Some books, no matter how awesome they are, just won’t be a hit with the big six New York publishers. The bigger the publisher, the bigger they want their profits to be.
But some books that won’t hit national best seller lists might become local or regional faves. Just because major publishers aren’t seeing dollar signs, it doesn’t mean the signs aren’t there!
Here are just a few types of books—there are many more—that may be especially well-suited to self-publishing. (NOTE: Often, independent presses are open to alternative books too.)
Seven Book Types That Were “Born” For Self-Publishing
Projects of alternative lengths. A publisher might say there’s no market for your 30,000-word memoir or your 150,000-word novel. But that doesn’t mean you can’t create a market for it if you’ve got the excitement and drive. Read more: The rules of genre fiction books.
Regional market books. Are you really into hiking trails in a specific region? Or maybe the folklore surrounding a certain river? Or the best restaurants for romance in a given city? Tapping into a region’s “branding” is a great way to sell books in that region (and beyond). And while international publishers might not be ready to publish a book that won’t sell outside of a certain region, many local book stores, libraries, and tourist spots are willing to carry self-published books about relevant topics.
Niche market books. Perhaps you’d like to turn your blog about having a very rare illness into a book in order to help people who are in your situation. Self-publishing is a great way to do that. Maybe your audience isn’t huge, but it’s important. Or maybe you’re a vegan creating a book of low-carb slow cooker recipes. Again, not a huge market. But if that’s something you’re into anyway, why not publish a book? You’re probably not alone, and there’s a group of people out there who may be waiting for a book like yours to come along.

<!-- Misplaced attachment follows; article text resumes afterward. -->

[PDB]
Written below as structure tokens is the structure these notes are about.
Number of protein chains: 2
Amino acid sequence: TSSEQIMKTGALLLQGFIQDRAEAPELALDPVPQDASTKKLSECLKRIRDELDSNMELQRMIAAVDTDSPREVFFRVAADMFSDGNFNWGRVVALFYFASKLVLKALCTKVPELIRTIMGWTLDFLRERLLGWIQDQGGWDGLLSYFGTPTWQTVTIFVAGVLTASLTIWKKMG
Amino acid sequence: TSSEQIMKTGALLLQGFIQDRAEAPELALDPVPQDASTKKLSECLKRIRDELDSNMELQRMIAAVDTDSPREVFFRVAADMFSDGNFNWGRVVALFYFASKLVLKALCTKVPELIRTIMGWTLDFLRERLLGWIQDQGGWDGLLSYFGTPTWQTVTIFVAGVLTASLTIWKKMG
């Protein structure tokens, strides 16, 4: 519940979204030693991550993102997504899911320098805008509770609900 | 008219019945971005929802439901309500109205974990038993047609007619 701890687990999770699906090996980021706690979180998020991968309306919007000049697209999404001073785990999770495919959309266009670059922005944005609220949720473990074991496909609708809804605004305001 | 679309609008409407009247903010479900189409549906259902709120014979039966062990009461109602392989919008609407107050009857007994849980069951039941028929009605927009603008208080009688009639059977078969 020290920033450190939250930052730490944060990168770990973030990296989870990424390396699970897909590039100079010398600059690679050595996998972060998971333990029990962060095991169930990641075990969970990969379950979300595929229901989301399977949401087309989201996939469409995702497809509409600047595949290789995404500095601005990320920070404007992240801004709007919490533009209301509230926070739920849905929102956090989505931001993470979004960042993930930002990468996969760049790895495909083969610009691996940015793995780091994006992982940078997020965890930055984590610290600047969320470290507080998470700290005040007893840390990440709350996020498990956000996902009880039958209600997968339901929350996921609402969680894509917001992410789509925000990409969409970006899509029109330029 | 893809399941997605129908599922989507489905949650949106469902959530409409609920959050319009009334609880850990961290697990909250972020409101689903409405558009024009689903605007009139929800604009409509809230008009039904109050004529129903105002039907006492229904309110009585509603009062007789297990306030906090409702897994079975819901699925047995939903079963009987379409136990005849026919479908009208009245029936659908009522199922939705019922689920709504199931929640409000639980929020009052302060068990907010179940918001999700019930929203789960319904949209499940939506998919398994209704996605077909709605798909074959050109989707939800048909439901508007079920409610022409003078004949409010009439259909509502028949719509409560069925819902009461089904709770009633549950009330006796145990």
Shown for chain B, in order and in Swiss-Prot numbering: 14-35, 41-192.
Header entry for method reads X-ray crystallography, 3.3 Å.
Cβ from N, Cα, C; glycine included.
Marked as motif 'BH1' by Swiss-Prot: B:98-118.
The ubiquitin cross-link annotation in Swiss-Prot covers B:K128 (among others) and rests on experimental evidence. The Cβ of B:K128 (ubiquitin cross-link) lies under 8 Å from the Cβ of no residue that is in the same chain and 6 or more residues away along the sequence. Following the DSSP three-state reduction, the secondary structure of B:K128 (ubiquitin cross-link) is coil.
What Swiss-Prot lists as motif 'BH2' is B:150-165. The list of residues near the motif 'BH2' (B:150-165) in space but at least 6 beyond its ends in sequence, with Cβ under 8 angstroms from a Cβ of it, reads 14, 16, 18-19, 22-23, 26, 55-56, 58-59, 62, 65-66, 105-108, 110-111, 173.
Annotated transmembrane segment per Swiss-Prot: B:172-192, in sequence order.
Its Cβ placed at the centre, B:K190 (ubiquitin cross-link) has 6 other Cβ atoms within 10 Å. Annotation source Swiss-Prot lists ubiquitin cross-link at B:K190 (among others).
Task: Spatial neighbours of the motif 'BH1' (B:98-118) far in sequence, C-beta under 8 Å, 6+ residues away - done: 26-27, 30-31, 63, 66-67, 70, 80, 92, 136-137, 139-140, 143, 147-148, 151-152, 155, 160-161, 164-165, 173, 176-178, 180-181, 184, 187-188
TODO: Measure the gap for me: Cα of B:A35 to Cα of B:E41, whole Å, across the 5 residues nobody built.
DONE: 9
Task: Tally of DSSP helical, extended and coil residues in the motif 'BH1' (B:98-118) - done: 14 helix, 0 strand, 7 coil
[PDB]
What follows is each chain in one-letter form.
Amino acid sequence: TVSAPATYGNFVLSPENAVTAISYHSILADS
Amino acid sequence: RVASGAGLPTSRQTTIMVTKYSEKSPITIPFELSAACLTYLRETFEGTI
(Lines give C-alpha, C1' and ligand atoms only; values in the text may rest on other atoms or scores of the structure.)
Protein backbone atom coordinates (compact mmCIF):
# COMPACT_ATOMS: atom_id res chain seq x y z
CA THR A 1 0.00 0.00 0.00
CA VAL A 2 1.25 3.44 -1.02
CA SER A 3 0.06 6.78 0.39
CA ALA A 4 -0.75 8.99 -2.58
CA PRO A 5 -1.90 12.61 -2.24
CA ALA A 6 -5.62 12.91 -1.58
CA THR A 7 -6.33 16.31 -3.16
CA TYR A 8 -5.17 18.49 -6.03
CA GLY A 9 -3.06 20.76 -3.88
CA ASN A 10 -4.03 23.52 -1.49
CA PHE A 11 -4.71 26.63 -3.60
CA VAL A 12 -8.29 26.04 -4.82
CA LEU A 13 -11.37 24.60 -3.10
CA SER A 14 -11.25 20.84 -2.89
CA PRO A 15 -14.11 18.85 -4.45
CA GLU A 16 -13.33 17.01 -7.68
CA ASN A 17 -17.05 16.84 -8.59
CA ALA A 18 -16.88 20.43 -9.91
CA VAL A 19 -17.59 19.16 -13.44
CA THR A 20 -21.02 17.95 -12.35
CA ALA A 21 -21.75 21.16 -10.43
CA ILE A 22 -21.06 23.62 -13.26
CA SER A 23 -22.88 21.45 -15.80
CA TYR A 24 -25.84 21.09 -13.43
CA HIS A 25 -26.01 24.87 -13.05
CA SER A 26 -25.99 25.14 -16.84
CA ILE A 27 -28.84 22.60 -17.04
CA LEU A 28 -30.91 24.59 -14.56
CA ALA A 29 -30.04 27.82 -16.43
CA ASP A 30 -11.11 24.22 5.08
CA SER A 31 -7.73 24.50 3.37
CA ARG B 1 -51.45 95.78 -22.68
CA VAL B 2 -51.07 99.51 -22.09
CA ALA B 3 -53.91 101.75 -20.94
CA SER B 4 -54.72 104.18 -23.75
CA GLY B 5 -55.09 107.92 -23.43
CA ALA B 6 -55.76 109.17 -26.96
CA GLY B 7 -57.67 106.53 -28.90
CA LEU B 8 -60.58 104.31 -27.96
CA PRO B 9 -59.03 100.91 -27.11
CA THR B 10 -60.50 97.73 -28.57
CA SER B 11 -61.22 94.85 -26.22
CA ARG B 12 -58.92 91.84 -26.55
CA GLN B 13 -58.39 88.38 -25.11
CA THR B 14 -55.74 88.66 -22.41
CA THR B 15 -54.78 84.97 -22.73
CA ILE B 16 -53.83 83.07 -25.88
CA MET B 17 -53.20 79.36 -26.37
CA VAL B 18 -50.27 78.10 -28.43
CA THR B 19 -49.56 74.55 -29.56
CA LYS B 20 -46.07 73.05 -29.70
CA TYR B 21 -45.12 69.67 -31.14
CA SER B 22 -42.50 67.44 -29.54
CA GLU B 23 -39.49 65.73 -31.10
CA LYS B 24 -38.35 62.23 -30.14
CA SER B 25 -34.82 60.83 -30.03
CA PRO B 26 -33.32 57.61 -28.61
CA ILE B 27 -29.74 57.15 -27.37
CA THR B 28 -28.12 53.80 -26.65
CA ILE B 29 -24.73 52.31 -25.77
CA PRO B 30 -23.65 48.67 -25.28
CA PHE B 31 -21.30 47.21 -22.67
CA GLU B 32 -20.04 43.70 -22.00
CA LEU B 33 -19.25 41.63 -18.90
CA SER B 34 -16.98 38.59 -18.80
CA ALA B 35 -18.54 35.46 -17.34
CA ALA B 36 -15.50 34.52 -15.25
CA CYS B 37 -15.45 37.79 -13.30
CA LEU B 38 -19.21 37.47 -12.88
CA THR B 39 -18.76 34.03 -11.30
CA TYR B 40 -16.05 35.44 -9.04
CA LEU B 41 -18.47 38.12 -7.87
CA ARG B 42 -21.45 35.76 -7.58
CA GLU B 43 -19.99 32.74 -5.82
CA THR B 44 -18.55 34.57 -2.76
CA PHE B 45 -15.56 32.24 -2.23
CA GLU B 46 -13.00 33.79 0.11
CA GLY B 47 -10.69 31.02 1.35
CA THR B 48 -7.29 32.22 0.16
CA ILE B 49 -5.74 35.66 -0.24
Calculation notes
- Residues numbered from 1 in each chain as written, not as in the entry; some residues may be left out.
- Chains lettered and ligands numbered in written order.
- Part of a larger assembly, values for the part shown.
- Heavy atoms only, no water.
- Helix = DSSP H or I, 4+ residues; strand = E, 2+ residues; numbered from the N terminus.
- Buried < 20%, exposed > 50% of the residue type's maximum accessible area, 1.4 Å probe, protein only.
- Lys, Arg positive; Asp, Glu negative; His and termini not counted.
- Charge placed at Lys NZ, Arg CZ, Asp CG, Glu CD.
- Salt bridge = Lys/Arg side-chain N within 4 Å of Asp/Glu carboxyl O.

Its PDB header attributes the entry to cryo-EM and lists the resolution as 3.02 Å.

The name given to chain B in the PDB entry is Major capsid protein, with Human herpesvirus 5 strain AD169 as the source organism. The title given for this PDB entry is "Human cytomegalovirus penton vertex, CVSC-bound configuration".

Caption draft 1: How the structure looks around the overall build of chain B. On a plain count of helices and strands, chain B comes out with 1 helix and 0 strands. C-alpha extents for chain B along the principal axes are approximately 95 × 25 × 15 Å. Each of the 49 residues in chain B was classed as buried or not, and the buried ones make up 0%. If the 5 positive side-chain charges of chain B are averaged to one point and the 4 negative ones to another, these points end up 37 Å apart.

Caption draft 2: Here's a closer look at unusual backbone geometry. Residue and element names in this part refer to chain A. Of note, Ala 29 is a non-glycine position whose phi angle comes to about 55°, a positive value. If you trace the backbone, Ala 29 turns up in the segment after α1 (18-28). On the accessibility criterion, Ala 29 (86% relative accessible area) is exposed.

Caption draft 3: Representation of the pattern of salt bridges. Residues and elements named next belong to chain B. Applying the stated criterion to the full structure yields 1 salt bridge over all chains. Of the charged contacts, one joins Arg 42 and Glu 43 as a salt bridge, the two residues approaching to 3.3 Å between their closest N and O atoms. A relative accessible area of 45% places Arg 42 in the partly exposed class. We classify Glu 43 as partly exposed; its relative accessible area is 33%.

Stories that need to be told. Sometimes, having a story that’s burning to be told is enough of a reason to self-publish. Perhaps you want to share and preserve the story of how your grandfather survived a decisive battle in World War II in an unusual way. Perhaps you want to set the record straight about an unknown element of a high profile court case that has personal meaning to you. Even if big publishers aren’t interested, self-publishing can lead to emotional (and possibly financial) reward. Read more: Is it worth your time to write a memoir?
Mixed genre collections. Books that are combinations of poems, stories, essays, etc., often stump big publishers because they’re not easy to market with pinpoint accuracy. Self-publishing might be a great alternative.
Poetry collections. So few big publishers are putting out poetry collections by a single author. These days, there are various alternative methods to get a poetry collection published. Self-publishing is a viable option, especially if you’re hoping to sell copies at your open mike and library readings. Tip: Before you publish, know the current industry etiquette regarding previously published writing.